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The Spherical Harmonics Discrete Ordinate Method for Three-Dimensional Atmospheric Radiative Transfer

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  • 1 Program in Atmospheric and Oceanic Sciences, University of Colorado, Boulder, Colorado
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Abstract

A new algorithm for modeling radiative transfer in inhomogeneous three-dimensional media is described. The spherical harmonics discrete ordinate method uses a spherical harmonic angular representation to reduce memory use and time computing the source function. The radiative transfer equation is integrated along discrete ordinates through a spatial grid to model the streaming of radiation. An adaptive grid approach, which places additional points where they are most needed to improve accuracy, is implemented. The solution method is a type of successive order of scattering approach or Picard iteration. The model computes accurate radiances or fluxes in either the shortwave or longwave regions, even for highly peaked phase functions. Broadband radiative transfer is computed efficiently with a k distribution. The results of validation tests and examples illustrating the efficiency and accuracy of the algorithm are shown for simple geometries and realistic simulated clouds.

Corresponding author address: Frank Evans, Campus Box 311, University of Colorado, Boulder, CO. 80309.

Email: evans@nit.colorado.edu

Abstract

A new algorithm for modeling radiative transfer in inhomogeneous three-dimensional media is described. The spherical harmonics discrete ordinate method uses a spherical harmonic angular representation to reduce memory use and time computing the source function. The radiative transfer equation is integrated along discrete ordinates through a spatial grid to model the streaming of radiation. An adaptive grid approach, which places additional points where they are most needed to improve accuracy, is implemented. The solution method is a type of successive order of scattering approach or Picard iteration. The model computes accurate radiances or fluxes in either the shortwave or longwave regions, even for highly peaked phase functions. Broadband radiative transfer is computed efficiently with a k distribution. The results of validation tests and examples illustrating the efficiency and accuracy of the algorithm are shown for simple geometries and realistic simulated clouds.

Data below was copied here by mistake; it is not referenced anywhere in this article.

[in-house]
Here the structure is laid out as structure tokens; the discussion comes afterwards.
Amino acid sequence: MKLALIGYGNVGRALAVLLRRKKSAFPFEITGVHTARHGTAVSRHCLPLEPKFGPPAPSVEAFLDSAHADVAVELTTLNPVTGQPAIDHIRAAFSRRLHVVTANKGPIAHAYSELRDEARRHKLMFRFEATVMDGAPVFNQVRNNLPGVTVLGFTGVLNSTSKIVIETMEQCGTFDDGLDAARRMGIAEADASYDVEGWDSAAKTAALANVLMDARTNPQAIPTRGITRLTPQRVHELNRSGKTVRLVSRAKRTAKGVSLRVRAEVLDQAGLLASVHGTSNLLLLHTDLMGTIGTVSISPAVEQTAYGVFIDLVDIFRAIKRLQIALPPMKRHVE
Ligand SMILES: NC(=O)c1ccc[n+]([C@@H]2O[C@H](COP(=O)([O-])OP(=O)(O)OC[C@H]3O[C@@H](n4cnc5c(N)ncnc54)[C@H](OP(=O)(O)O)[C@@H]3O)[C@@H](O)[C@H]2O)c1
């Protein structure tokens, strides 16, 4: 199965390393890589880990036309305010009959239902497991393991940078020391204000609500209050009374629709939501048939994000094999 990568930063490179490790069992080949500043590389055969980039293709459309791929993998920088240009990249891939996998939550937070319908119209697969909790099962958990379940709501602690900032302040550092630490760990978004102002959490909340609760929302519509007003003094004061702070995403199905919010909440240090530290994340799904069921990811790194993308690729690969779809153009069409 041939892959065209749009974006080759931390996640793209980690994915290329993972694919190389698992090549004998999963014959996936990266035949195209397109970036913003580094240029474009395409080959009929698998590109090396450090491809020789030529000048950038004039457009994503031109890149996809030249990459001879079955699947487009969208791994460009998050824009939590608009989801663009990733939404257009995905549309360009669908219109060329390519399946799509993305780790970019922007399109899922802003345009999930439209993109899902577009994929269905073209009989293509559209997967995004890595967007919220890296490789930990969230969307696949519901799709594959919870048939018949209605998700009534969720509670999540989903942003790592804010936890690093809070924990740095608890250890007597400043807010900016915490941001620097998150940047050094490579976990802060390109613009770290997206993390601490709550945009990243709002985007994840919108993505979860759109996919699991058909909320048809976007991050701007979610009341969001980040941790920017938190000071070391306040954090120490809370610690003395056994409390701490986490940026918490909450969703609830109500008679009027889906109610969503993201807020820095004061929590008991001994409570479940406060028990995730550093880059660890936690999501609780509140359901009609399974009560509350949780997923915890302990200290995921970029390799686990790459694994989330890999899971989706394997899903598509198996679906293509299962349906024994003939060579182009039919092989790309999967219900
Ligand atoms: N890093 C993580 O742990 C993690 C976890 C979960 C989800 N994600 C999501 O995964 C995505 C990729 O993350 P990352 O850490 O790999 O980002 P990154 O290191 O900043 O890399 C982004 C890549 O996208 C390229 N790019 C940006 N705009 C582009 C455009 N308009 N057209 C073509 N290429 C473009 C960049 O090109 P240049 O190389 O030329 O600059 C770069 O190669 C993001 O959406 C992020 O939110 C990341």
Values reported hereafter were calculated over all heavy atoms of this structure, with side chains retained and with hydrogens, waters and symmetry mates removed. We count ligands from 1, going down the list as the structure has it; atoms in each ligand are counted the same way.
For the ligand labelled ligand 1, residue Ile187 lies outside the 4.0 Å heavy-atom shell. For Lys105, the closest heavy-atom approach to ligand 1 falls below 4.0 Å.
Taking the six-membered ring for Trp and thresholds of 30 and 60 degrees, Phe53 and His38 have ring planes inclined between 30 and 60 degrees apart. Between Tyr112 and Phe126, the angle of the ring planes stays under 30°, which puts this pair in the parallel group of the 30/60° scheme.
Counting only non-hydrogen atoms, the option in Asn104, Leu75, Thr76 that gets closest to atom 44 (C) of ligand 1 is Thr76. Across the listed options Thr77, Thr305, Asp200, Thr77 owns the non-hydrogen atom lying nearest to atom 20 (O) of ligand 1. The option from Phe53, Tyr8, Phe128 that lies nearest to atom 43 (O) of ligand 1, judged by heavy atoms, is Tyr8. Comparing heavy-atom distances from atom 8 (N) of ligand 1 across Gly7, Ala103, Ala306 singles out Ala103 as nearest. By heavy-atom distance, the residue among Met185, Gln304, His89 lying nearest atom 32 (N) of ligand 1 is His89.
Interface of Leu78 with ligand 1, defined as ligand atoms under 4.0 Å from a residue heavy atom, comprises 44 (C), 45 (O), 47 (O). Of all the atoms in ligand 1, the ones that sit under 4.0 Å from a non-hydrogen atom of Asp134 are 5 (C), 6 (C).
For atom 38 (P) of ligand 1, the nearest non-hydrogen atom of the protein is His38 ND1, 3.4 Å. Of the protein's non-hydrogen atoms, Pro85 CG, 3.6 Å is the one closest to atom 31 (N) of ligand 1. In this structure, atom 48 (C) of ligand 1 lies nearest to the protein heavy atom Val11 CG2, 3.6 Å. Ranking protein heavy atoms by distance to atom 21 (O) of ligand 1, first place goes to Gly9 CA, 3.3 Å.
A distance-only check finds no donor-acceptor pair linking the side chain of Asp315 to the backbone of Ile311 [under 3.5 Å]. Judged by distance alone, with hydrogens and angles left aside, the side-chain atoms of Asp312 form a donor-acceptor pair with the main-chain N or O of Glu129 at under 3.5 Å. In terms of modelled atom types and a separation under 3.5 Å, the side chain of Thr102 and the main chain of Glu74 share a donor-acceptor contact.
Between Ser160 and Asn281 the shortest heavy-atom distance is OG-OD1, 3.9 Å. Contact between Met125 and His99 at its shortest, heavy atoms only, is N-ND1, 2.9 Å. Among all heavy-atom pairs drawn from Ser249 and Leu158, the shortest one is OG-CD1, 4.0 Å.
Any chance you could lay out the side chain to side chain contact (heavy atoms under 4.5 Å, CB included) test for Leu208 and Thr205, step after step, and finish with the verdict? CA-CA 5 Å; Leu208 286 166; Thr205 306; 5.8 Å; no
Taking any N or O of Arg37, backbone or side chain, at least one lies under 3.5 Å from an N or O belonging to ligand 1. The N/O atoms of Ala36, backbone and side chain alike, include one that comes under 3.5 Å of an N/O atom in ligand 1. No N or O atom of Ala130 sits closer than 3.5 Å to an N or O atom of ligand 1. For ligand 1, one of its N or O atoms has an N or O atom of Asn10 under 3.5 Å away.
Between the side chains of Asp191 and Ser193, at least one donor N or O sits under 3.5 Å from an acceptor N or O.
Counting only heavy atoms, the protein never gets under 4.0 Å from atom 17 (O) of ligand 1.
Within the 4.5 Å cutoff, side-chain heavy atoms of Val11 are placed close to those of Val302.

Corresponding author address: Frank Evans, Campus Box 311, University of Colorado, Boulder, CO. 80309.

Email: evans@nit.colorado.edu

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